When your child threatens to run away from home

Power play ...
Power play ... Photo: Getty Images

People around Australia breathed a collective sigh of relief Monday morning when Bondi run-away Michelle Levy was found safe and sound.  But while this case has ended happily it has highlighted an issue that many parents find themselves facing: how do you respond when your child threatens to run away from home?

While not speaking directly about the Bondi case, child behavior expert Martine Oglethorpe says there are generally two types of runaway. There are those who are responding to a situation that they don't know how to handle and see running away as "quick fix". The other type is the child that either constantly threatens to run away or does so frequently. This, according to Oglethorpe is a "power play".

Found: Michelle Levy.
Found: Michelle Levy. Photo: NSW Police

"When this happens the child is looking for power within the family, it's a way they can manipulate their parents – 'if you don't let me do this, then I'll run-away' it's a tool that they can use to frighten their parents."

Oglethorpe notes that when this happens it can be because a child is not feeling accepted or listened to at home. "Parents can let their kids know that it doesn't matter what mistakes they make and that they will be able to work through it with them," Oglethorpe explains.

Helping children to work through their mistakes and providing a "safe space" for them to talk about their lives are key actions.

Oglethorpe also suggests that parents help their children to develop their general problem solving skills. "When children don't have good problem solving skills, running-away can seem like a good way to solve a problem that they've got – so one thing to do is help them develop this skill."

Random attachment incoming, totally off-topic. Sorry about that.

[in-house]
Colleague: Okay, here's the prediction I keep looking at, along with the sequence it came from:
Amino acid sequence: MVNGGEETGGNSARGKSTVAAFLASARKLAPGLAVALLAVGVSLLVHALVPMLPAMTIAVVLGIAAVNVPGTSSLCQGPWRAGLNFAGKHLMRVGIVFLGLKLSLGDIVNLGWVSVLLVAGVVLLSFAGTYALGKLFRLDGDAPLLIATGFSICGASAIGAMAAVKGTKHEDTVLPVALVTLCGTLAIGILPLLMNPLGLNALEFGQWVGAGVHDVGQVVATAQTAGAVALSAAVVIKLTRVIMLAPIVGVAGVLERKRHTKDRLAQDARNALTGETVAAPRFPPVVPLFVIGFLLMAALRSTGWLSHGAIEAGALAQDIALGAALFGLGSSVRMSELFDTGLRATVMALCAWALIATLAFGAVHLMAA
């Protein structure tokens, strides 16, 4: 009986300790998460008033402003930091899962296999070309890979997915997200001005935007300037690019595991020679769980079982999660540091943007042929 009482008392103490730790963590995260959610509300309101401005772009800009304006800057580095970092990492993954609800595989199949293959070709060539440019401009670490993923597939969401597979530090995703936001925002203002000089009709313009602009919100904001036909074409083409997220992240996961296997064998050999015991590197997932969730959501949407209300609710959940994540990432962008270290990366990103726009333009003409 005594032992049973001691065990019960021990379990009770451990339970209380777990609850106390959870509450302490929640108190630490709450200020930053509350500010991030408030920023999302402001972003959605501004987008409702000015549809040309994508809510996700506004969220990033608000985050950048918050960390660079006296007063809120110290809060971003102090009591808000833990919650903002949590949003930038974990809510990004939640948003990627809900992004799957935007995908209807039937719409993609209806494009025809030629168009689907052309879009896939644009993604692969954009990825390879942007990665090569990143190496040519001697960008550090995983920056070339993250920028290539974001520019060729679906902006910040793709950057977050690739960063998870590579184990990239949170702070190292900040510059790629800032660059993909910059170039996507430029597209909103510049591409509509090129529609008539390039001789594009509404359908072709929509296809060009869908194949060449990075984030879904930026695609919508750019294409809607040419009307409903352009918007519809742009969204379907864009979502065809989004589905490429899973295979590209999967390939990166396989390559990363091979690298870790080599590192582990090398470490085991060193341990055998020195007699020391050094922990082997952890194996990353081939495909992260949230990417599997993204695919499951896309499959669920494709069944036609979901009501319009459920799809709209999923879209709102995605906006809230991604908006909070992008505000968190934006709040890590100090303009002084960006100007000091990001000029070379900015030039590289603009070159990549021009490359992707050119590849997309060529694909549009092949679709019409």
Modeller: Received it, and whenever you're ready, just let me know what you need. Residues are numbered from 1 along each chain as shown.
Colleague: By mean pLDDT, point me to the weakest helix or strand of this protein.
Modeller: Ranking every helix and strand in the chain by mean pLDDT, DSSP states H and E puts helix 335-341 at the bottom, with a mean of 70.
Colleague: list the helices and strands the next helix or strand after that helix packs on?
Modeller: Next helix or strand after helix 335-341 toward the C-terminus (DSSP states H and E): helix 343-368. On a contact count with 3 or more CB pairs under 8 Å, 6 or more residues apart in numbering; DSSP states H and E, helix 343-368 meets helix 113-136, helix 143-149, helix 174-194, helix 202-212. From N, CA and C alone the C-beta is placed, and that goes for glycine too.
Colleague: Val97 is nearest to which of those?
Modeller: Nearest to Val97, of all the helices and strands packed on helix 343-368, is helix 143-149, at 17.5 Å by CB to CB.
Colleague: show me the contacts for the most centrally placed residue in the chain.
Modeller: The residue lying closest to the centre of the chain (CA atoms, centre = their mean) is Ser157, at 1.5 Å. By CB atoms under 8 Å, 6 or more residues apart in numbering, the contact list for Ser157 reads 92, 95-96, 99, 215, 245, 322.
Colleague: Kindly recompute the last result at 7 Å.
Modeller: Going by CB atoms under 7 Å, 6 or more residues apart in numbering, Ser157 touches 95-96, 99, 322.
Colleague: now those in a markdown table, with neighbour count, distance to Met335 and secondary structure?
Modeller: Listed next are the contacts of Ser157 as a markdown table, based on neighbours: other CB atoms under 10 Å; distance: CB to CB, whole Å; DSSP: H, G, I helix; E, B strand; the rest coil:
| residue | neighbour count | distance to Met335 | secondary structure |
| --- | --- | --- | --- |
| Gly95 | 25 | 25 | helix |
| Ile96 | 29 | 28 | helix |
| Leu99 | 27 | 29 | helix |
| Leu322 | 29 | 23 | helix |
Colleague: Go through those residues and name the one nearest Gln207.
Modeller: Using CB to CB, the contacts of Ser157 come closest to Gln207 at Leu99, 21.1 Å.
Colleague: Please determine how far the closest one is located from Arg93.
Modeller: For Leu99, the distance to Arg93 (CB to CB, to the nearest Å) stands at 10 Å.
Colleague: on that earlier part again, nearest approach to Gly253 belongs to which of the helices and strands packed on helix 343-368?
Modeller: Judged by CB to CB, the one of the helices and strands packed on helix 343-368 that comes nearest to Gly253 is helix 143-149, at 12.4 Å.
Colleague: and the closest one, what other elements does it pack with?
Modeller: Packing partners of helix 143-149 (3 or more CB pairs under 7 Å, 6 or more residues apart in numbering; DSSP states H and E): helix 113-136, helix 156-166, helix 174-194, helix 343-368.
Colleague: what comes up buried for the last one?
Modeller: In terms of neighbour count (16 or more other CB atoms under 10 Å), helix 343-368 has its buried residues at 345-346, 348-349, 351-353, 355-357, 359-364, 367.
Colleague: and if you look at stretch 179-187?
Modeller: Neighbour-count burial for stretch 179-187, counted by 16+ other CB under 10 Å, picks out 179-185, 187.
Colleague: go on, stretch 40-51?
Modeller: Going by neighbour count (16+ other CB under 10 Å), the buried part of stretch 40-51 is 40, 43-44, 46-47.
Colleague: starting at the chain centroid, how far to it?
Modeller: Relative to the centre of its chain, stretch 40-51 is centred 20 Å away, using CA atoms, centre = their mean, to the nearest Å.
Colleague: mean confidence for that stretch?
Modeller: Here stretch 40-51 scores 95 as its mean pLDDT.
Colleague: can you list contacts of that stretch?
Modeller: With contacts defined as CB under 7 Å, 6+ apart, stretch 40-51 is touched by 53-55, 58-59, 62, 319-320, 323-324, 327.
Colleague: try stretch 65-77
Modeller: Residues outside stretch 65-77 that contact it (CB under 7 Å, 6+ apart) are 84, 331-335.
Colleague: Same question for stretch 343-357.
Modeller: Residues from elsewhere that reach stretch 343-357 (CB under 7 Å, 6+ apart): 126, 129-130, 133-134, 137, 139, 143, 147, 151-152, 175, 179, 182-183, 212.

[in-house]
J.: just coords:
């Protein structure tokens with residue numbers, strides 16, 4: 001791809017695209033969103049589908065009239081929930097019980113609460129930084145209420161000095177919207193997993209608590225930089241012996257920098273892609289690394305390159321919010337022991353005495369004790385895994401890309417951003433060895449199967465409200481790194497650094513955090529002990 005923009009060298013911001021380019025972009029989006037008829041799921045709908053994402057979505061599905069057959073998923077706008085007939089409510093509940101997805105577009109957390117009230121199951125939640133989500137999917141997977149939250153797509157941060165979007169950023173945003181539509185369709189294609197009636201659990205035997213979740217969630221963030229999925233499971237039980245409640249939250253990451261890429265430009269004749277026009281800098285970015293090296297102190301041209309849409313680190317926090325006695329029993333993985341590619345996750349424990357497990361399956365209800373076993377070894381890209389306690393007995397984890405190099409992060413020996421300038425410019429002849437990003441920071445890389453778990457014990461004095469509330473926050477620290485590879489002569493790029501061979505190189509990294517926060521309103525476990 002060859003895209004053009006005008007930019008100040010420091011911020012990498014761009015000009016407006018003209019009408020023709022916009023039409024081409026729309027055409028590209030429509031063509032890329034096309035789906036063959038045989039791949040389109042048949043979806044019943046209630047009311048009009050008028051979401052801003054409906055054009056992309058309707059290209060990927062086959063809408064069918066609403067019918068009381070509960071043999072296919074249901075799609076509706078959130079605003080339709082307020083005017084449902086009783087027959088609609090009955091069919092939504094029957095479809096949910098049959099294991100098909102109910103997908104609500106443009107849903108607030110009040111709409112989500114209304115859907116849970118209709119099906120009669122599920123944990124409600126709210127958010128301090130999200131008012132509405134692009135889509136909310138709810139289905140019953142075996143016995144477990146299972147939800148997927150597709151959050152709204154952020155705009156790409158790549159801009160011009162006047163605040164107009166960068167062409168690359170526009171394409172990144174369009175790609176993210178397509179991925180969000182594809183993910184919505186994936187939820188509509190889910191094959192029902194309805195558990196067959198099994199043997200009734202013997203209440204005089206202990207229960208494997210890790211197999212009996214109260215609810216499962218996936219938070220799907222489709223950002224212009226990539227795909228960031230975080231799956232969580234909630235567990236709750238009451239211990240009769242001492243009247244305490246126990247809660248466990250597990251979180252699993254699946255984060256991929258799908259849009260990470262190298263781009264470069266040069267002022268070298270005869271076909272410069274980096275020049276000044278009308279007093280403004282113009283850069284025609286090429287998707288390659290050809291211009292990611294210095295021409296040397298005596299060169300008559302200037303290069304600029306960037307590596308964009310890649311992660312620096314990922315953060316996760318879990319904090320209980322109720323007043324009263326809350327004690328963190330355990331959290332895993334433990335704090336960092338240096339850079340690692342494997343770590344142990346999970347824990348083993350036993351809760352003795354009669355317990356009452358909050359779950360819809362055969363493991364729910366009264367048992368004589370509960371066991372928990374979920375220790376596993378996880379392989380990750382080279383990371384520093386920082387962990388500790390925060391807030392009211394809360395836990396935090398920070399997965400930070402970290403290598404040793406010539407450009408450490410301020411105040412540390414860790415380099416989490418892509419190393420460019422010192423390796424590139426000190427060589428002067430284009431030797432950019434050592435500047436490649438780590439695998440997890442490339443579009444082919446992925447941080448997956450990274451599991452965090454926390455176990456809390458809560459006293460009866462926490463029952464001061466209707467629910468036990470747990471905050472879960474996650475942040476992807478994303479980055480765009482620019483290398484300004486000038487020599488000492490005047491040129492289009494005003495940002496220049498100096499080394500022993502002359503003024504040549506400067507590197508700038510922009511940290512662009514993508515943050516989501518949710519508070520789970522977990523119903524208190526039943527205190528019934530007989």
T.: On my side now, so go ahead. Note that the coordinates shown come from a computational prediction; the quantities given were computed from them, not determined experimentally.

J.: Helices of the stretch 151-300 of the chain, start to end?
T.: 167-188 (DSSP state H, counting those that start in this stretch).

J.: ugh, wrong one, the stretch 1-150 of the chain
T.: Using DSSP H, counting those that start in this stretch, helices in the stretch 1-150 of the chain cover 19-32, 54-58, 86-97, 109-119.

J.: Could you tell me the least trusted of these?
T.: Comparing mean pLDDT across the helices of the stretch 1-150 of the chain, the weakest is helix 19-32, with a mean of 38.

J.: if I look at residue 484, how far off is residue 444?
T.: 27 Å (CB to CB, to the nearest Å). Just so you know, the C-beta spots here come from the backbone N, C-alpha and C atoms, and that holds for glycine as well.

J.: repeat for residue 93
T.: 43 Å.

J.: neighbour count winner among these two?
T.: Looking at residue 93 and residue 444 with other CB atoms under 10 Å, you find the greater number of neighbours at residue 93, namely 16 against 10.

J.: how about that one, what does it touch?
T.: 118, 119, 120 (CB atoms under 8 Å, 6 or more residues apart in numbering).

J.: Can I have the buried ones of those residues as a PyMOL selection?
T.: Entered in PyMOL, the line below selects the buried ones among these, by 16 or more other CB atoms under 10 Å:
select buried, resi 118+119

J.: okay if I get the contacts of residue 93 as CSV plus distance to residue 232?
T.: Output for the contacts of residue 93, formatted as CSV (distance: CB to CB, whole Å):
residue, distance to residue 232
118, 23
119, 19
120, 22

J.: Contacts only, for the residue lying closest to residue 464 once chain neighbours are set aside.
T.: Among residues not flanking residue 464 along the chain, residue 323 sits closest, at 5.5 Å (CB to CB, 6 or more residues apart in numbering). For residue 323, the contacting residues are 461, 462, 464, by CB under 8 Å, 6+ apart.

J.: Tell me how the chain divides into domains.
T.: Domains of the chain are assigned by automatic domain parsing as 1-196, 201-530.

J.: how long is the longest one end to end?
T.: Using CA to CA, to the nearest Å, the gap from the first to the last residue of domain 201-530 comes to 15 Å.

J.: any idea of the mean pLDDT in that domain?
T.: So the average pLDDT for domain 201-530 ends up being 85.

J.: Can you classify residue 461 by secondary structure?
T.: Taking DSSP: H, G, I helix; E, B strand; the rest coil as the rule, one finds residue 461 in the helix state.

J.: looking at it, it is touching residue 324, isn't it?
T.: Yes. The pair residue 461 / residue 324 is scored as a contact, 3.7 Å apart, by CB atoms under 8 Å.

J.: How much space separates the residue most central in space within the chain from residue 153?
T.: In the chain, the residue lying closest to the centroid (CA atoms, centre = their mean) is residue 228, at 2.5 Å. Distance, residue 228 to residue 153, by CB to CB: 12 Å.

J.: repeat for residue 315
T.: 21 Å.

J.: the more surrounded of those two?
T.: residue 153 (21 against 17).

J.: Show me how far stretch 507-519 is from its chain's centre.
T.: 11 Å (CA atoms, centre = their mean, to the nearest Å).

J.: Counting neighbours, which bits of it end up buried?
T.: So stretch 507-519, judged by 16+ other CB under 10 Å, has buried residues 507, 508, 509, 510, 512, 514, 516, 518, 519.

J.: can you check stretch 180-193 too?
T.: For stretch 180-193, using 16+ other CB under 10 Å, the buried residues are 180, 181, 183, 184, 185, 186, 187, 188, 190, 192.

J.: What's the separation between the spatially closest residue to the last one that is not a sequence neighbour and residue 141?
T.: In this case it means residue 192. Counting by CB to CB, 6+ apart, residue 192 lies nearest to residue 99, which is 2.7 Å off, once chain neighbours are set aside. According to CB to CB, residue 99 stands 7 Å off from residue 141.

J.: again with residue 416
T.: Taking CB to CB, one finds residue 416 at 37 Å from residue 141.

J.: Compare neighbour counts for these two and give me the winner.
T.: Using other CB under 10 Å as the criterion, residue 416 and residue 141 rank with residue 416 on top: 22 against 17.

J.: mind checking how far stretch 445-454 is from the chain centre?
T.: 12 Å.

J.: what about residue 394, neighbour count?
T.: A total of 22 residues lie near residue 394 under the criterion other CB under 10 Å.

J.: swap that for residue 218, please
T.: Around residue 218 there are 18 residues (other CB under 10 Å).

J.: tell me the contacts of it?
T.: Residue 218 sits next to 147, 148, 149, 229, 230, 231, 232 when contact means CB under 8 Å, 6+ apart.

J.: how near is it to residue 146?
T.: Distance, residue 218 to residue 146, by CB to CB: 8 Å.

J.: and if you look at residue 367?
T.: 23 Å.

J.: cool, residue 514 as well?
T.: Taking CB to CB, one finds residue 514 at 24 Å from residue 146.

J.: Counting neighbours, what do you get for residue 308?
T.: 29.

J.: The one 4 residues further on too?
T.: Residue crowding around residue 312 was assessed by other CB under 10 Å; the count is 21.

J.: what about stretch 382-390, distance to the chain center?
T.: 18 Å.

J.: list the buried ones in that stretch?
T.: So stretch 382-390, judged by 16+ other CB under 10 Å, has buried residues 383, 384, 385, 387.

Problem solving can be as simple as talking to your child about their day-to-day lives and asking them questions such as 'what could you have done differently?' and reminding them that there are always options.

You can avoid getting in to "power-play" situations with children by avoiding scenarios that become "us" and "them." "Look at things from your child's perspective and ask them questions. Offer them compromises – show them that there are other ways of solving their problems."


Social worker, teacher and missing persons researcher Sarah Wayland suggests that parents adopt the "talk before you walk" concept as a way of managing the challenges of a young person threating to run away. She notes that conversations around the topic of running away or going missing should include acknowledging that children do run away and providing them with some ideas of where they could go if they feel that they need to leave the family home temporarily.

"Make an agreement with them that if they take off they let someone know they are OK. Suggest places they can go such as a friend (whose parent can look out for them) or a relative who is on their wavelength," Wayland explains.

Wayland also notes that if your child does run away then how you deal with their return is also important. "When a young person is located or returns of their own volition some families like to respond by pretending the missing episode didn't happen, an idea that 'they are safe now, let's just get back to normal'.

"But it's important (when the dust settles) to talk about what they learnt while they were gone, what happened for those around them while their whereabouts were unknown and what they might do differently next time," says Wayland.

Every year in Australia 35,000 people are reported missing to the police, which equates to one person every 15 minutes, according to information from the National Missing Persons Coordination Centre. More than half of those reports relate to children under the age of 18 years; almost 97 per cent are located within a short period of time.

Wayland notes that young people are more likely to go missing again after their first disappearance, "so it is vital to have those conversations."

Where to go for help:

Kids helpline 1800 55 1800

Lifeline 13 11 14